The Los Angeles County Board of Supervisors has unanimously approved a $700,000 settlement to a local reporter after she was tackled and arrested by the Los Angeles County Sheriff’s Department during a protest in 2020.
On Tuesday, Nov. 7, the board voted to approve the settlement for Josie Huang without comment.
Huang is a reporter for KPCC and LAist.
The incident happened on Sept. 12, 2020, when she covered a confrontation with protesters at the emergency room entrance of a hospital in Lynwood, California, where two deputies shot in an ambush near a Compton transit station were being treated.
The demonstration occurred during a series of protests following the police killing of George Floyd.
Huang was pinned to the ground and arrested by sheriff deputies.
The sheriff’s department claimed she didn’t have proper media credentials, failed to properly identify herself as a reporter and was “interfering with a lawful arrest” of one of the protesters.
Cell phone footage obtained from Huang’s phone showed her identifying herself as part of KPCC, a local public radio station, and saying, “You’re hurting me.”
Huang released a statement following the supervisors’ vote.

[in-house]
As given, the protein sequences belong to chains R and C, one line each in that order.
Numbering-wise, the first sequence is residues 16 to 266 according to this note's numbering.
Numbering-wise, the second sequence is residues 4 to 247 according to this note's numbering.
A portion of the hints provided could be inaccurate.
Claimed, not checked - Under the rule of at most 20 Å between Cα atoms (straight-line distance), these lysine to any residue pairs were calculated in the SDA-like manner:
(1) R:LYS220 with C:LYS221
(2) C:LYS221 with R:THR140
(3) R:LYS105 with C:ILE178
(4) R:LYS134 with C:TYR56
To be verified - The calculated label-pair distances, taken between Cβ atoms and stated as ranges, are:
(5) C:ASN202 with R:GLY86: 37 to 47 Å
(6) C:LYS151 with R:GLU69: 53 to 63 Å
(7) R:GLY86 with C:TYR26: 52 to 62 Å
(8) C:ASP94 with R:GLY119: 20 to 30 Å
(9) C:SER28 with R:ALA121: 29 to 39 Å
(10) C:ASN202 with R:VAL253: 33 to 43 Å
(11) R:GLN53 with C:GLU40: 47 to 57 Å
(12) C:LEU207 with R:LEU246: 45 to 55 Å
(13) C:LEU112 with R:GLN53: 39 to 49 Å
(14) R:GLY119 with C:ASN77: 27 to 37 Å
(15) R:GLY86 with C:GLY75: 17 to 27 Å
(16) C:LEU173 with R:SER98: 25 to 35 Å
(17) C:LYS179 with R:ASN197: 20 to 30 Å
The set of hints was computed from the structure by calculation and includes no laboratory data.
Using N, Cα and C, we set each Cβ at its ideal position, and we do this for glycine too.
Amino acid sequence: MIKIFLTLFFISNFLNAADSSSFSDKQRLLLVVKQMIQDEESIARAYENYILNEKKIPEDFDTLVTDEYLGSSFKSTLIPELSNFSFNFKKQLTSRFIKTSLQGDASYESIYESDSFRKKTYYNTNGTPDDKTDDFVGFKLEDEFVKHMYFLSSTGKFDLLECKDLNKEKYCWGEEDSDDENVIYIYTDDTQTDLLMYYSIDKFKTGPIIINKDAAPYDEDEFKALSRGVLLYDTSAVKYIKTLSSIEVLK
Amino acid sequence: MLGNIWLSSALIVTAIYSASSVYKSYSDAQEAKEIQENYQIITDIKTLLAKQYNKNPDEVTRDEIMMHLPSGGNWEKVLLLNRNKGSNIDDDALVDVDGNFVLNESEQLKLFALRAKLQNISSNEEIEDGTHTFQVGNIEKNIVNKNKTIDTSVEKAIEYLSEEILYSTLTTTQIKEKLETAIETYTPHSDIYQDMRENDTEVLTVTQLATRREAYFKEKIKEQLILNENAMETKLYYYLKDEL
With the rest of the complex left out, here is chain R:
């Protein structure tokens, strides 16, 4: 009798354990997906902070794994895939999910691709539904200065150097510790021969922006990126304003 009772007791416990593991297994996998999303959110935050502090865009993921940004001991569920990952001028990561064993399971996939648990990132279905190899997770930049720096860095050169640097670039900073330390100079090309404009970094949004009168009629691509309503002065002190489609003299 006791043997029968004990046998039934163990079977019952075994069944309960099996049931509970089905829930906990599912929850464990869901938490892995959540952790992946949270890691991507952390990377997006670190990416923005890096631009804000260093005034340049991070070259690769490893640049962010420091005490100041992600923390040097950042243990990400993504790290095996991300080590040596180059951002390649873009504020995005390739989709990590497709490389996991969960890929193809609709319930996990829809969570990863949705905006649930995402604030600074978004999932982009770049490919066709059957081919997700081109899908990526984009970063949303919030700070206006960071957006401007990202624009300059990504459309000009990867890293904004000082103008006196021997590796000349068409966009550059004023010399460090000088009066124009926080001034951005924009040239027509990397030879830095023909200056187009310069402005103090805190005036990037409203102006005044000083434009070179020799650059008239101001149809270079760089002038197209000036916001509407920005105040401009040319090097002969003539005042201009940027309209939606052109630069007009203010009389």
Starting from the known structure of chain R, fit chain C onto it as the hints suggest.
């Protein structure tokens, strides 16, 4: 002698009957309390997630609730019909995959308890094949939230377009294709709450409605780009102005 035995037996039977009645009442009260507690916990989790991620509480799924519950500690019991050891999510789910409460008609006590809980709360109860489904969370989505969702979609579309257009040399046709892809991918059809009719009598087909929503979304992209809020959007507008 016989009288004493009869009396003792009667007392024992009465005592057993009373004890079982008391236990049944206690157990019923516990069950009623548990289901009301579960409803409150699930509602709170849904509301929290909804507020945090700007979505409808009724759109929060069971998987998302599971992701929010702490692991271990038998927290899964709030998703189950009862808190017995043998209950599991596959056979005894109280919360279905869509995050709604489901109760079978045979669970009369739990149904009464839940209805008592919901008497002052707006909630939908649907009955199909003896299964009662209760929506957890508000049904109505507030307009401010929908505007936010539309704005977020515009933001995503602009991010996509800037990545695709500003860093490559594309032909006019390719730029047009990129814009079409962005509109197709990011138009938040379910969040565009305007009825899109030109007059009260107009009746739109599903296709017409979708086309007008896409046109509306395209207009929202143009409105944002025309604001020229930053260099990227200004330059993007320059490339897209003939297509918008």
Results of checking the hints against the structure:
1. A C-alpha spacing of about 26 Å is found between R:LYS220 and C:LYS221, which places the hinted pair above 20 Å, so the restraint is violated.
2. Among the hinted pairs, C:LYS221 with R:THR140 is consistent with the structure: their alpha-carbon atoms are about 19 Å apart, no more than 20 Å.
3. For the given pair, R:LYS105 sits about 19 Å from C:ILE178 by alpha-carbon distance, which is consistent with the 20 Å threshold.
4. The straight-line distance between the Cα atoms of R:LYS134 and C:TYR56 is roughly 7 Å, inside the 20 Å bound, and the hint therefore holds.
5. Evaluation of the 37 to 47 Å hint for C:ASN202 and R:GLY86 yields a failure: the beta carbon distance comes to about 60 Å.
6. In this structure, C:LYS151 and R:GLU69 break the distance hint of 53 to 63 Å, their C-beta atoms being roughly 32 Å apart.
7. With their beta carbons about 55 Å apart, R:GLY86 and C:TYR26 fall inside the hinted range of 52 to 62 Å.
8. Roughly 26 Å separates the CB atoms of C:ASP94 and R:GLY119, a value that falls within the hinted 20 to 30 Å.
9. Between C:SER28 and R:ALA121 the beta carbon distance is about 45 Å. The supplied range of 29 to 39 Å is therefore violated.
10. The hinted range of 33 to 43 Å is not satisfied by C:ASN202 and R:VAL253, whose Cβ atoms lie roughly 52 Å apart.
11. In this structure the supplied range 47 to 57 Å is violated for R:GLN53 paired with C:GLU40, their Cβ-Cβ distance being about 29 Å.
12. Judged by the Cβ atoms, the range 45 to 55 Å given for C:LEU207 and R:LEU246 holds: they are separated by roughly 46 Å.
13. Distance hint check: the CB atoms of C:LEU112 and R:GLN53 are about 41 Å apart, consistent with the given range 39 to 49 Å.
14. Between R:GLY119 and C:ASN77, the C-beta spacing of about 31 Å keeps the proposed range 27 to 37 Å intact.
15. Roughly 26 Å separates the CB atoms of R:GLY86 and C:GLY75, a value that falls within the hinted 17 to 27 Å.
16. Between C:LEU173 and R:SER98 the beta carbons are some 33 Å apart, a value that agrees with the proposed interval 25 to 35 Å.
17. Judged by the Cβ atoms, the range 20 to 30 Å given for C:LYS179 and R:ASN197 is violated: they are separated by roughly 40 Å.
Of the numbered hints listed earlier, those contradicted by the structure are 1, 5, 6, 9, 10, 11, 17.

“Journalists in Los Angeles County should be able to record police activity in public without fear of unlawful arrest,” she said in the statement published by the Associated Press. “My arrest was traumatic, but I hope that some good can still come of this experience.”
According to the Reporters Committee for Freedom of the Press, this is the largest settlement for a reporter whose rights were violated while covering a protest in 2020.
The organization reported the settlement also includes requirements that LASD provide deputies with briefings on press rights before patrol assignments where they will likely come into contact with members of the media, as well as written guidance given to all LASD employees on the laws and policies governing their interactions with journalists.